November 26, 2012 in Rugby
Baylion – a very Biased man, known for his absolute obsession with Elton Jantjies, in fact the light that shines out of Jantjies arse could not be quite brighter in the eyes of old Baylion, you see he doesn’t like Lambie and try’s to play him down in almost every one of his posts, (go through them if you will) I don’t know what it is? he also has a rather strange disliking towards me, some say he is Lobo, nah Lobo was smarter can’t be him. perhaps Baylions woes are dues to the fact that the insignificant Lions will no longer be taking part in Super Rugby? wh knows, anyway after reading this article on Supersport, I thought I would share it.
The players who changed Heyneke’s mind
The best Springbok coaches have been those that have been prepared to admit their mistakes and who haven’t been weighed down by blind spots, and in that respect Heyneke Meyer has offered plenty of encouragement to those who want to see South Africa rise back to the top of the rugby pile.
Meyer has been forthright in admitting that he has made many errors, and got a few selections wrong on the way through an often turbulent first year at the helm of the Boks. And on Sunday he admitted before returning home to South Africa that there had been several players he had been wrong about and who had surprised him.
Patrick Lambie, after being backed to start at No 10 in every game of the just completed end of year tour, is of course right at the top of the list of players that Meyer may have a lot more faith in now than he had when he started out back in May.
Without quite saying it in as many words, Meyer made it clear that Lambie would be at the top of the flyhalf queue when the international season starts next year. He said Lambie had done all he had been asked to do when he was selected to wear the Bok No 10 jersey, and his praise for what Lambie did on tour has been a far cry from the message he gave the Sharks player when they first met for a one-on-one interview.
Back then Meyer made it clear that he considered Lambie more of a fullback than a flyhalf, and that Lambie was low down on the list of flyhalves but second on the pecking order when it came to fullbacks.
“I did think Pat was mostly a fullback. I had seen him play as a youngster in that one Currie Cup final (Sharks against Western Province in 2010) when I thought he was very tactically astute, but I thought he had lost a lot of that since then,” said Meyer.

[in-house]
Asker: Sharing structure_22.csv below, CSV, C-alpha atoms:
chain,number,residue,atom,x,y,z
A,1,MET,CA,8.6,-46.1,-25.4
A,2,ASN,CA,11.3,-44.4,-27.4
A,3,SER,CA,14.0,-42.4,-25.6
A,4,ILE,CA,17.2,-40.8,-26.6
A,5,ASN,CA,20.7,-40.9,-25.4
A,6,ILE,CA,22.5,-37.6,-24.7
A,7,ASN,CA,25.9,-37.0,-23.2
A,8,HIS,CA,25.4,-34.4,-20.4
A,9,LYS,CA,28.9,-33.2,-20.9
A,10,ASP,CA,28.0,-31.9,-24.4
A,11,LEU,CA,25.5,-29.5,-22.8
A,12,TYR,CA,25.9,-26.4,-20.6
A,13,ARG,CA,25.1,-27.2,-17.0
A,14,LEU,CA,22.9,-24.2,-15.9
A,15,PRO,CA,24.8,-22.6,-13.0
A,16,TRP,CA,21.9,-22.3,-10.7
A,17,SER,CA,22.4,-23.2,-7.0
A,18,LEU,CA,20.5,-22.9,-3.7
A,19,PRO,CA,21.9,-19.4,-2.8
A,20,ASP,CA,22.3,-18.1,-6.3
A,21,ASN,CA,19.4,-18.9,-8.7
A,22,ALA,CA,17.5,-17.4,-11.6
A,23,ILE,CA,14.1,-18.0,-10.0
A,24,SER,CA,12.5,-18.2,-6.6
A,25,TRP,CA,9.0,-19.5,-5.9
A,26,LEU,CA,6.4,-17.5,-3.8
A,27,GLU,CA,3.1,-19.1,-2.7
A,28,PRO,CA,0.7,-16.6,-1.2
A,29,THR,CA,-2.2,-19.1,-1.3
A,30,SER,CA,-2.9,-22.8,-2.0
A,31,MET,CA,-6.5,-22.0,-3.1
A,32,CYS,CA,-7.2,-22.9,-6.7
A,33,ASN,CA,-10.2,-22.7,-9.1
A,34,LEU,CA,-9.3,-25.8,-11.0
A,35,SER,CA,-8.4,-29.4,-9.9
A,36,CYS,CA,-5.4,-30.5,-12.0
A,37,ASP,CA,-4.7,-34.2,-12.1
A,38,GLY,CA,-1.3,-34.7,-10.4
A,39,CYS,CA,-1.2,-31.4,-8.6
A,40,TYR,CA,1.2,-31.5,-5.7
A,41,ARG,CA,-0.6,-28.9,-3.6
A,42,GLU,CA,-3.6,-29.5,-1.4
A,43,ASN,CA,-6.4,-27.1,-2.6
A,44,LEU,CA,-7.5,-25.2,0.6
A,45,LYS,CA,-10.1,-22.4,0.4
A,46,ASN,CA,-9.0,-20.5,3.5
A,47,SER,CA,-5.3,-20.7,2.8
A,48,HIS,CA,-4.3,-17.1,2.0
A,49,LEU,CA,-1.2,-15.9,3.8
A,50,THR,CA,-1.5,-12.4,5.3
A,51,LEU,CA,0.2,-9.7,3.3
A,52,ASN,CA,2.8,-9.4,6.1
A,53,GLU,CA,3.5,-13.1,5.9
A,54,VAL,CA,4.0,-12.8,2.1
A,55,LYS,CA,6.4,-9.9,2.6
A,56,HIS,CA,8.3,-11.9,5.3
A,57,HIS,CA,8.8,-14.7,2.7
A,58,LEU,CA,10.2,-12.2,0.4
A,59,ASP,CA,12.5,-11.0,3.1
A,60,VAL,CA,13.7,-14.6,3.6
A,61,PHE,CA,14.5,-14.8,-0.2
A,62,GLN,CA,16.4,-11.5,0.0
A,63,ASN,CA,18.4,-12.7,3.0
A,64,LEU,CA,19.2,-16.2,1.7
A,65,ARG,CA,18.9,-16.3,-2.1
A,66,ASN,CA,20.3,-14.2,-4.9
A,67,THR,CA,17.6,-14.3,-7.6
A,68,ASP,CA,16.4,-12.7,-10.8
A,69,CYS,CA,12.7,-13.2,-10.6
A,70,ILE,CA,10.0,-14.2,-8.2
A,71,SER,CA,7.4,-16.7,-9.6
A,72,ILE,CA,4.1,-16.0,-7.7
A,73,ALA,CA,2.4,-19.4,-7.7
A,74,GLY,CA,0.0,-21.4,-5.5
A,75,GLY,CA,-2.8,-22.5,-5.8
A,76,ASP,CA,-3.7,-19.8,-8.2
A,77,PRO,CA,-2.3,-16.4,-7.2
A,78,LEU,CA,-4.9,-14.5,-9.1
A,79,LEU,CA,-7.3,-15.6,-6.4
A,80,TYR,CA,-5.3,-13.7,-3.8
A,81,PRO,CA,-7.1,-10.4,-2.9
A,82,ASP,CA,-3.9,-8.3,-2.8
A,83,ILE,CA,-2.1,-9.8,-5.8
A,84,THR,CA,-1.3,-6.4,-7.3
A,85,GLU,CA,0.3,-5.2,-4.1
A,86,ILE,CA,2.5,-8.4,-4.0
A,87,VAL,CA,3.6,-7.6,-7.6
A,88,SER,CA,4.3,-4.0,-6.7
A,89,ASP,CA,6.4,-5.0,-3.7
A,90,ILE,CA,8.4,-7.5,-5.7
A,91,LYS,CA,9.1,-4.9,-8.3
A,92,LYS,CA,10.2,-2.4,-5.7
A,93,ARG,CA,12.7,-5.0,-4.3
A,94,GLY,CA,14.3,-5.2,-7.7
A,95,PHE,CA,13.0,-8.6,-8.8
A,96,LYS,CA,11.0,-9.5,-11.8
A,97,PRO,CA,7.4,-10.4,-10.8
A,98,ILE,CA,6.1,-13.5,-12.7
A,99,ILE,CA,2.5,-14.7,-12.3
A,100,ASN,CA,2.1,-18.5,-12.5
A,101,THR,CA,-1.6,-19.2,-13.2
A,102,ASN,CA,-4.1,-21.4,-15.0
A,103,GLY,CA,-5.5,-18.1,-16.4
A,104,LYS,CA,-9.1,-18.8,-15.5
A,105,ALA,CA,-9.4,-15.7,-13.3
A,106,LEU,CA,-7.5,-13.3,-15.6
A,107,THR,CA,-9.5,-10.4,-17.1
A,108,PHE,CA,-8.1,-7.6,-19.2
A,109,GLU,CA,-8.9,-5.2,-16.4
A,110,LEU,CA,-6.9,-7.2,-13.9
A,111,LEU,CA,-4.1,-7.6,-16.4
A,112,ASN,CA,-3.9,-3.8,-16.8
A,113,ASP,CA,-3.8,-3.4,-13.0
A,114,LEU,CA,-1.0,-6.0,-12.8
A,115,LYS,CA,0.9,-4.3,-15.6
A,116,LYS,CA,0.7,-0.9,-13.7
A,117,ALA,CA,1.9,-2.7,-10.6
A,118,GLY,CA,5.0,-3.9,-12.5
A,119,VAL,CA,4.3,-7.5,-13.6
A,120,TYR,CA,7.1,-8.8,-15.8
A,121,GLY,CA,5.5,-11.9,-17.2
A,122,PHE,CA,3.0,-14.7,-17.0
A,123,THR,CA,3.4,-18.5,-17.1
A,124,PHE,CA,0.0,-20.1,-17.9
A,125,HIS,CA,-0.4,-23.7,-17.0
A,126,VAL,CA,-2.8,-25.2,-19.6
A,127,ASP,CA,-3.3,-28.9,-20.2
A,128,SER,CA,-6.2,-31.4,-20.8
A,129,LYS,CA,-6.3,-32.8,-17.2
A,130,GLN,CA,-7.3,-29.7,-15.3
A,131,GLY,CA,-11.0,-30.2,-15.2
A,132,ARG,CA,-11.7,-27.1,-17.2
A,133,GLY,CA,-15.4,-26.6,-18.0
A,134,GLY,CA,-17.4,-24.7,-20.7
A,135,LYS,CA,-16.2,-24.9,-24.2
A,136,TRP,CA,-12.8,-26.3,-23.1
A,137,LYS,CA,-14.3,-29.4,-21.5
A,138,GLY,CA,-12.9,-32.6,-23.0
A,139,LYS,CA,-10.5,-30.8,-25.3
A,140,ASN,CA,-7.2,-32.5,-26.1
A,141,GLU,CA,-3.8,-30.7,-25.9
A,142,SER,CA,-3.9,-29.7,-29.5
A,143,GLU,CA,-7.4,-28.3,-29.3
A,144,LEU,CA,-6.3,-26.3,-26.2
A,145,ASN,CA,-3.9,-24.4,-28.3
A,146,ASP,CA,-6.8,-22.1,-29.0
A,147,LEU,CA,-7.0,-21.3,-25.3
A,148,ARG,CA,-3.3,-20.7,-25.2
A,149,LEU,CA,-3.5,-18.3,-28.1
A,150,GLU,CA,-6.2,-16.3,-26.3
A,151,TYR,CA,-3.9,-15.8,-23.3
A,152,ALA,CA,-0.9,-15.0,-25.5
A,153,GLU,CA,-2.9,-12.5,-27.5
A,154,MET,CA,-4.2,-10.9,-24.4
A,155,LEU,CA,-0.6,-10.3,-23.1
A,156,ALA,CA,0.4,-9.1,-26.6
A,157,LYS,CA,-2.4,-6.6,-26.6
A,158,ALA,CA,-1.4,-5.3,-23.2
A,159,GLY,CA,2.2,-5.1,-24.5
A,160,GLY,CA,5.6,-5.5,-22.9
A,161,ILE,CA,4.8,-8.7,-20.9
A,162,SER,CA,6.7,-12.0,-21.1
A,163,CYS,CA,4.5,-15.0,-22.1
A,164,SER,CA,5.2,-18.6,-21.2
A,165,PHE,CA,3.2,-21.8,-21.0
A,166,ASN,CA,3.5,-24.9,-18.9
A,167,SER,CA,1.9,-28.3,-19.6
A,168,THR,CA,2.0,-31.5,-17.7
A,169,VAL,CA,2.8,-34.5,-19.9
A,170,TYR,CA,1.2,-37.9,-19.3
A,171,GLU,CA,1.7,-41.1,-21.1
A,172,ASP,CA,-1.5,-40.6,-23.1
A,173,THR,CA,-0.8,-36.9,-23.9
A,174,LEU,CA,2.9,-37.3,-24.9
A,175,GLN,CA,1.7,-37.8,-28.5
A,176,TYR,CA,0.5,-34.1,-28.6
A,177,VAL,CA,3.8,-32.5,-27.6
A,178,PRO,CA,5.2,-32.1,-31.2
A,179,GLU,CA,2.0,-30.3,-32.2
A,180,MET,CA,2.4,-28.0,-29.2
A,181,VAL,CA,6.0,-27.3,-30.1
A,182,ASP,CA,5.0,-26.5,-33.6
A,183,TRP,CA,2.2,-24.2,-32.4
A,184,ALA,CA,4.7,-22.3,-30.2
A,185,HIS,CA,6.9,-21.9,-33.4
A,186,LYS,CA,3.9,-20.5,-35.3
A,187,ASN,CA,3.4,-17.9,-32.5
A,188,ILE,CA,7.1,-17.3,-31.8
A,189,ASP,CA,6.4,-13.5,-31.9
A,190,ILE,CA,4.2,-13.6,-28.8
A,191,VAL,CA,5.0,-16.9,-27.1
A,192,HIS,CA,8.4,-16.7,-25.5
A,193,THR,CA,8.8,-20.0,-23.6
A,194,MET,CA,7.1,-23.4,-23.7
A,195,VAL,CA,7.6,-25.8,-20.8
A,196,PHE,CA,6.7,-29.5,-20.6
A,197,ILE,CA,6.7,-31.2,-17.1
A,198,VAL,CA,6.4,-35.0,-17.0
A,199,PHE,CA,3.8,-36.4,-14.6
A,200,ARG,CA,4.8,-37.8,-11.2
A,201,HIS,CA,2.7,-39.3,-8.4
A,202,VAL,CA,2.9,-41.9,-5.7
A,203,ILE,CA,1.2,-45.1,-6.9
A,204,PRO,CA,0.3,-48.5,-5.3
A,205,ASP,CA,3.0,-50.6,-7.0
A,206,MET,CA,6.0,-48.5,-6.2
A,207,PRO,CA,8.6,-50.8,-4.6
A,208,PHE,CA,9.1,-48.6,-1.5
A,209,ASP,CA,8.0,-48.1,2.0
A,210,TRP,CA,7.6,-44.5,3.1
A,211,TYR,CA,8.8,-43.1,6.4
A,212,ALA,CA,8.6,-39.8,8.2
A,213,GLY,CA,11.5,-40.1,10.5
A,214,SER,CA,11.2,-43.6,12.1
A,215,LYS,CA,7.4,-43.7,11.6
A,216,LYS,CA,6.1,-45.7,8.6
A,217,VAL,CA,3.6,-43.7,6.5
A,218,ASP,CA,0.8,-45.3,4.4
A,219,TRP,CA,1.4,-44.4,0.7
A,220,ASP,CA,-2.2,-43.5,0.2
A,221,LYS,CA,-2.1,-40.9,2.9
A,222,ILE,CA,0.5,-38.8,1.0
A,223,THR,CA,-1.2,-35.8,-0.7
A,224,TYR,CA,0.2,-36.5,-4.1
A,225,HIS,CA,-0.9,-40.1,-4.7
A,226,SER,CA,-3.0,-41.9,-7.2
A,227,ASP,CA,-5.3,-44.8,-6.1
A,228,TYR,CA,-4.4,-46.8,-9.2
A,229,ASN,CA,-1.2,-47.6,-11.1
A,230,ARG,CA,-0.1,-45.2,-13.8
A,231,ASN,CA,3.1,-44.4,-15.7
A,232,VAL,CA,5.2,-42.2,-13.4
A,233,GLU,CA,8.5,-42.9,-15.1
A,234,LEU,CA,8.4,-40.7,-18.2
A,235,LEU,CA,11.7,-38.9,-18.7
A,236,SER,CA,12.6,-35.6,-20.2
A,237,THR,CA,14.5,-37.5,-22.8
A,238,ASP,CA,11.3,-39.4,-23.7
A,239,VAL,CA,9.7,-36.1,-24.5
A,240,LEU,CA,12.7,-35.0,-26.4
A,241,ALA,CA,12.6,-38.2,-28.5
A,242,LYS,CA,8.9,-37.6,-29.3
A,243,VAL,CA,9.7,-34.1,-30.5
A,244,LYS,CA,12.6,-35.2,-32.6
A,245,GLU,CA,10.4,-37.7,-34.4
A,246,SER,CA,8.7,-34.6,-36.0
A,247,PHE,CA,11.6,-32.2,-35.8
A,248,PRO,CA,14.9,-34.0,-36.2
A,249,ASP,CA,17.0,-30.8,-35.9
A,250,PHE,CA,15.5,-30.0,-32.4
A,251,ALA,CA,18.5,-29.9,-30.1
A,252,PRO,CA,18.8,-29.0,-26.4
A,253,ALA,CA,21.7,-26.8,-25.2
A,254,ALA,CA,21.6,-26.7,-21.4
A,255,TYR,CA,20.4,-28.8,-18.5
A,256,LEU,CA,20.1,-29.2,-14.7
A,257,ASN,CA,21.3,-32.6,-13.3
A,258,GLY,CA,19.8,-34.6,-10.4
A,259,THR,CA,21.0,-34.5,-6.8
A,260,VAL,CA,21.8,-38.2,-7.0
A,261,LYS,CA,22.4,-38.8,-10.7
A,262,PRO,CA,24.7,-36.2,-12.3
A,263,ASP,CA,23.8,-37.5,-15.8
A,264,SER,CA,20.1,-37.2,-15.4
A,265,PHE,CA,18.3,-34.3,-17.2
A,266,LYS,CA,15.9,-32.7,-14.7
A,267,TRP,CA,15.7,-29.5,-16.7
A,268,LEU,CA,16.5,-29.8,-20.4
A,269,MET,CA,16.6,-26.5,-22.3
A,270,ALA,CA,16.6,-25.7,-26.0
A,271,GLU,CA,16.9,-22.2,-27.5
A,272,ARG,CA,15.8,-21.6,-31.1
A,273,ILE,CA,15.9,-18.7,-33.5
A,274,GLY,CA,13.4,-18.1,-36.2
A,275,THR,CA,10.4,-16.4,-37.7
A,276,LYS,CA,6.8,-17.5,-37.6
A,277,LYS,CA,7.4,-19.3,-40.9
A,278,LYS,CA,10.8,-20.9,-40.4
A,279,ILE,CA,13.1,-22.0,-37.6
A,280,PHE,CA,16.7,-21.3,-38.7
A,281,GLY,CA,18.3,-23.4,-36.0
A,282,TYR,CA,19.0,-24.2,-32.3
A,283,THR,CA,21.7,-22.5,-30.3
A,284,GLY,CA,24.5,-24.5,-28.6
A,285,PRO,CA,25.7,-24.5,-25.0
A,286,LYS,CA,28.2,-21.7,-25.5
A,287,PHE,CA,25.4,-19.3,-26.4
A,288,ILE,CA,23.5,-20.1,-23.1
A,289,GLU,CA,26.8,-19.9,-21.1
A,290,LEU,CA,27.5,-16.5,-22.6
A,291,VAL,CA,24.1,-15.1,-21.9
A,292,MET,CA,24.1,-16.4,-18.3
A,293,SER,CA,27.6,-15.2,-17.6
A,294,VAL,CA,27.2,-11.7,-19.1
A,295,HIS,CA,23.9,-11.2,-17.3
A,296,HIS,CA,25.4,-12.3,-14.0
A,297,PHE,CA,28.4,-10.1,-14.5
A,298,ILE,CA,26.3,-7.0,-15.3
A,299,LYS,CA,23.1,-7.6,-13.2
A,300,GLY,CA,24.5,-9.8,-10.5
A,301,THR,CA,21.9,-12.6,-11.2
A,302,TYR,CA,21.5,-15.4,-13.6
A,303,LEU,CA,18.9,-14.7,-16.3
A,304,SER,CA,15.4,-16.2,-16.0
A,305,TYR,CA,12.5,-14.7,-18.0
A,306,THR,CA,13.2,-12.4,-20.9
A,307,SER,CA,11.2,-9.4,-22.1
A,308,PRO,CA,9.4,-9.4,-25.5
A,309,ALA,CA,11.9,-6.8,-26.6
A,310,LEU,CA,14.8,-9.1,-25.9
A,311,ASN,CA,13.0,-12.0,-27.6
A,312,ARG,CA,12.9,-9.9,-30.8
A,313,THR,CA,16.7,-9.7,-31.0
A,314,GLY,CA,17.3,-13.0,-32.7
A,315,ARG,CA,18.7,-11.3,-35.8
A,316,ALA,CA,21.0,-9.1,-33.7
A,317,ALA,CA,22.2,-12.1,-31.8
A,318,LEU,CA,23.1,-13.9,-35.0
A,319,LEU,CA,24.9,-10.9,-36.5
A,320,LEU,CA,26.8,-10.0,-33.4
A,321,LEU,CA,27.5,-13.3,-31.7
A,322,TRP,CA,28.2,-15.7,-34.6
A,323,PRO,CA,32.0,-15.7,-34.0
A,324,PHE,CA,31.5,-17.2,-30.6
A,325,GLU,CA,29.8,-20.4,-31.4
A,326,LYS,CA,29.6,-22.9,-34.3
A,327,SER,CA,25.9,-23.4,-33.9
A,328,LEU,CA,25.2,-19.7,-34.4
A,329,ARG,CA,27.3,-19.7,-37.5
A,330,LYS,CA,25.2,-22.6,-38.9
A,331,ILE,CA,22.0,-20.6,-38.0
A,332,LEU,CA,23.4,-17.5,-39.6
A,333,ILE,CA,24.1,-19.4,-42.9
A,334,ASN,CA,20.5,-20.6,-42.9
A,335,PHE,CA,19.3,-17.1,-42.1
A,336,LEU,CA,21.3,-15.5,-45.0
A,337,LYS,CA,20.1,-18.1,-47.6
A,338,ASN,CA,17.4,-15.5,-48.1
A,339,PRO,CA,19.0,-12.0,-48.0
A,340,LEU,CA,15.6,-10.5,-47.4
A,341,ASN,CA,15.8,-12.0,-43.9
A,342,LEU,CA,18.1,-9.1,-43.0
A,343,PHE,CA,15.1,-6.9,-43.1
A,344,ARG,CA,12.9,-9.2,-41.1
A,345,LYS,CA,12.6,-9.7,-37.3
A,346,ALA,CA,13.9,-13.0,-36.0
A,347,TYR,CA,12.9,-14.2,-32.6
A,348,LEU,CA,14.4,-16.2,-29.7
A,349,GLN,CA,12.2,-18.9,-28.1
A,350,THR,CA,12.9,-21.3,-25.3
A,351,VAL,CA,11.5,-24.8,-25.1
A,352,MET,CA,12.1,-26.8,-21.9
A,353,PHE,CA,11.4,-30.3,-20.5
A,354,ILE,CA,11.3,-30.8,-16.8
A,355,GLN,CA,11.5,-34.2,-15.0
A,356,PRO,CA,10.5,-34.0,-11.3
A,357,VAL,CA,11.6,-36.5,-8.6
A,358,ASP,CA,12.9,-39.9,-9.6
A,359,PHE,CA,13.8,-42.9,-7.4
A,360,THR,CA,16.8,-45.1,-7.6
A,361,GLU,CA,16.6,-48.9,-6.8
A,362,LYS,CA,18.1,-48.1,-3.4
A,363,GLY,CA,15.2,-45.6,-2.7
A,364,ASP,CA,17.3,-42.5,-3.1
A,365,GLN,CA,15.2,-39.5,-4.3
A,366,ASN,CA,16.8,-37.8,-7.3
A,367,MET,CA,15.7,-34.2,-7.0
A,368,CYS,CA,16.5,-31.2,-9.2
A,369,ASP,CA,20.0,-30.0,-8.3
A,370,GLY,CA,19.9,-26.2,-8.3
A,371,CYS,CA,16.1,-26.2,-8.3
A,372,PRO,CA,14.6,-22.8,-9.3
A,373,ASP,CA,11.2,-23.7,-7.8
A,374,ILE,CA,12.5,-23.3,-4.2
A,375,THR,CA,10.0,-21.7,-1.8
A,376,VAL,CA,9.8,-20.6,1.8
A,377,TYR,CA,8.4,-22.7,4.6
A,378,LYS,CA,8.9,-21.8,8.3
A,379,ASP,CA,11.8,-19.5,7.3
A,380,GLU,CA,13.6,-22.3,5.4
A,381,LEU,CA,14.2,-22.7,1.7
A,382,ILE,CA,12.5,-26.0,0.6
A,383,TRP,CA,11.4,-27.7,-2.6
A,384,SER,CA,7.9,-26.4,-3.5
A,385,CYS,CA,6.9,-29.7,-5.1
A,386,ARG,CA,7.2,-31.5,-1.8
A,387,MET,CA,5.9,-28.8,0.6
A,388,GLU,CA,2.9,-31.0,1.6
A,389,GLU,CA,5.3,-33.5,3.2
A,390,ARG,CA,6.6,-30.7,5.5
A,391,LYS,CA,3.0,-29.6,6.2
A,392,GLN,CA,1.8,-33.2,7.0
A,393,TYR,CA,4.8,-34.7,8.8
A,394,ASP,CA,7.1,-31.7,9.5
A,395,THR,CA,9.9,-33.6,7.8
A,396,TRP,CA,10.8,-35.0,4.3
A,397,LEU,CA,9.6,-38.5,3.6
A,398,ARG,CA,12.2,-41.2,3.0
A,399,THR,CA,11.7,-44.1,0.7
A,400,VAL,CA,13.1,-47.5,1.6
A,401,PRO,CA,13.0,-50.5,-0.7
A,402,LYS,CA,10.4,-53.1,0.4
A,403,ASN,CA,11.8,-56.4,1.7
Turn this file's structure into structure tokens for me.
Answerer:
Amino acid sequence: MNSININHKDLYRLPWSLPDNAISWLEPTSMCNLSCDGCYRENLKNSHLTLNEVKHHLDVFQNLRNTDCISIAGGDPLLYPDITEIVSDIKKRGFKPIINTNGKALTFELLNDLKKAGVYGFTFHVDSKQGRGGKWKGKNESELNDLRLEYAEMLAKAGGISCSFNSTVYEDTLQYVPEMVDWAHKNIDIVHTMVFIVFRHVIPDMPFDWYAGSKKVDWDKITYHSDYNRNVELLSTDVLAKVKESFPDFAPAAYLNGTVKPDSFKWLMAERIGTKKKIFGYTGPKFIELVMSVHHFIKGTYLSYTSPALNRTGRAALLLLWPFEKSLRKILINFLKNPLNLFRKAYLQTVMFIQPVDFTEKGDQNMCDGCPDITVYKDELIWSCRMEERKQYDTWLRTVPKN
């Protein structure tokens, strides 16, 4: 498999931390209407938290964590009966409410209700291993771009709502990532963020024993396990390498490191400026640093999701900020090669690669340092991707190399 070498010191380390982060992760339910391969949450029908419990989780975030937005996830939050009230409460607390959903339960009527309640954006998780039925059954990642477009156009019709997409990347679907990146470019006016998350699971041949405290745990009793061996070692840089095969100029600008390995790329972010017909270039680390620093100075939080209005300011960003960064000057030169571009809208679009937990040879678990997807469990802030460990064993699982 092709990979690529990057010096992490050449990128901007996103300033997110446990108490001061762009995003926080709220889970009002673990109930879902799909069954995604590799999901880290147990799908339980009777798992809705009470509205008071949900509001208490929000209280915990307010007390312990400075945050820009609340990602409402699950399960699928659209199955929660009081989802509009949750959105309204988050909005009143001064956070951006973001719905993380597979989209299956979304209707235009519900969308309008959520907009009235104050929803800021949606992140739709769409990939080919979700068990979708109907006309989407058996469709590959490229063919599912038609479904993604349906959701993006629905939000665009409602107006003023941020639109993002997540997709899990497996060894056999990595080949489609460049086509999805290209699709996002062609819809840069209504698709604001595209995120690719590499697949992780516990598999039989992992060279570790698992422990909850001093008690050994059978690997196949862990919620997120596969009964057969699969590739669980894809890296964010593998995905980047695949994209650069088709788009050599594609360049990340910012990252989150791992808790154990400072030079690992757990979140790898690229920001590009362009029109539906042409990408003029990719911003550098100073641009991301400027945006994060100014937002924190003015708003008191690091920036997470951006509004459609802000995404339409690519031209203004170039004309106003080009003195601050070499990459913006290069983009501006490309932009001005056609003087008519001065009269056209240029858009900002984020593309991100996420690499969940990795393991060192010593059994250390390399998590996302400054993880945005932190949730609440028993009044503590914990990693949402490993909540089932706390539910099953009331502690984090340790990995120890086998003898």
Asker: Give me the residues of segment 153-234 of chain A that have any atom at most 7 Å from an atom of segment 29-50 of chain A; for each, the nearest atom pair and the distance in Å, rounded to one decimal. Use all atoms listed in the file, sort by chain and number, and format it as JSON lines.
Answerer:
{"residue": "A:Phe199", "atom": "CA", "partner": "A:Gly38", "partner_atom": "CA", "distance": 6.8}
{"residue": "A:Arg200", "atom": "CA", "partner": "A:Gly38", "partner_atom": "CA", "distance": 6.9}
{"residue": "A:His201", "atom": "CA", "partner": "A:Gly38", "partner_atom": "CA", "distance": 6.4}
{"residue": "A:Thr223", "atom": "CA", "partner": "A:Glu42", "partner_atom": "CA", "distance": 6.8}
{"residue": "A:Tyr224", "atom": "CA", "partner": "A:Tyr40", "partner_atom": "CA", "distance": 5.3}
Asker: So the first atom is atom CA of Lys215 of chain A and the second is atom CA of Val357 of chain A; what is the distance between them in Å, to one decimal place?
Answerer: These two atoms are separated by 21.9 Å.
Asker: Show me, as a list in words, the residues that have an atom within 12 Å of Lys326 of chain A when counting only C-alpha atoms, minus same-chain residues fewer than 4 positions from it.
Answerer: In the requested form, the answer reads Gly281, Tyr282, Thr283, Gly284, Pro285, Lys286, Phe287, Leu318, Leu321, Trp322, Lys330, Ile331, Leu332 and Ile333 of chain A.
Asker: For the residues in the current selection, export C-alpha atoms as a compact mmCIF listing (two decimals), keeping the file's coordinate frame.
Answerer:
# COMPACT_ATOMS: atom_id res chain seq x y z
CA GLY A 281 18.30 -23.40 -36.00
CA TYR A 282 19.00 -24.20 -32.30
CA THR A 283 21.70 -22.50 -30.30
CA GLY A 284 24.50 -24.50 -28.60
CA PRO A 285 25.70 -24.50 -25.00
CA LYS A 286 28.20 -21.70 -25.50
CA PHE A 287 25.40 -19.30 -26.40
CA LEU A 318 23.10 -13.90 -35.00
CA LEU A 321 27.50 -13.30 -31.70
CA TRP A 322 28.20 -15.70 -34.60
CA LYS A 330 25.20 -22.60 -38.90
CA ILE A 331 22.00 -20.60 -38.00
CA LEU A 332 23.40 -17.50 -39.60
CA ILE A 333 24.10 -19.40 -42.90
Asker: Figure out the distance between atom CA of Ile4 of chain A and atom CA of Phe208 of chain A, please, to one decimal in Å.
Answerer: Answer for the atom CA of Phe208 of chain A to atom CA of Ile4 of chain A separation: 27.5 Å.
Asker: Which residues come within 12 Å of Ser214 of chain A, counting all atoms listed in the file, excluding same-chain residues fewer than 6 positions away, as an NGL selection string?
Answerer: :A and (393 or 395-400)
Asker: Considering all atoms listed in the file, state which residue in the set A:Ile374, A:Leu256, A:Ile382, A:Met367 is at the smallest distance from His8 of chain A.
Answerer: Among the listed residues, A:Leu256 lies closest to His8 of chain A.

“He hasn’t played much as a flyhalf since then, and I felt that there were big improvements he needed to make in his tactical game. But then I started seeing in training that he could play a good tactical game, and against England at Twickenham he really underlined it. I thought he was brilliant in the wet conditions.
“One of the things I really like about him is that he never panics, and he is so level headed. One of the problems before was that he was never one of those guys who boasted an 85% success rate in kicking for goal. I wasn’t sure he could handle the pressure of being the frontline place-kicker in a test match. Remember that Frederic Michalak appeared to end the last Super Rugby season as the frontline kicker for the Sharks.”
Meyer said that as he still rated Morne Steyn’s ability, the decision to select Lambie as the first choice flyhalf on tour had been a huge call for him to make.
“He is not a natural flyhalf, but he is getting there and the more he plays there the better he will get. He is great at seeing space and playing players into it. And his goalkicking on tour was good. He showed me that he can kick under pressure. One of the reasons we won at Twickenham was because for the first time this year we ended with a 100% goalkicking record.”
While Lambie has earned a thumbs up from the coach, and the Sharks’ decision to play him exclusively as a flyhalf next year will certainly help his cause, the man who really shocked and astounded Meyer this year was actually loose-forward Francois Louw.
After starting the year by invoking the ire of many Bok supporters by ignoring the claims of specialist fetcher Heinrich Brussow, Meyer eventually acknowledged that his loose trio lacked balance and an SOS was sent to the former WP player, who has been playing for Bath for the past 15 months.
“Francois was definitely the player who totally blew me away. I think we saw in these tests over here in the northern hemisphere that it is not so much about the battle on the ground. In Super Rugby there was a lot of blowing of players for going off their feet when cleaning at the ruck, but I haven’t seen it once in the November tests this year.
“So I don’t know if you need a specialist openside, but Francois brings so much to our game and he has really been phenomenal for us this year. The good thing is that Marcell Coetzee also appears to be learning from Flo, so we should next season have two players who can both play to the ball and carry when needed to.
“Francois also plays really well with Duane Vermeulen, and he is another guy I have been surprised about. I normally like my openside flank to play to the ball, and the blindside flank to be a carrier, and then the No 8 to be a really pacy guy like Ryan Kankowski or Pierre Spies who can contribute in broken play.
“But although Duane is certainly not the quickest No 8, he brings so many things. He sets the lineout drive so well, and he is a great stealer, and works well in tandem with Flo in that regard. He is the perfect player to have at No 8 in the northern hemisphere conditions.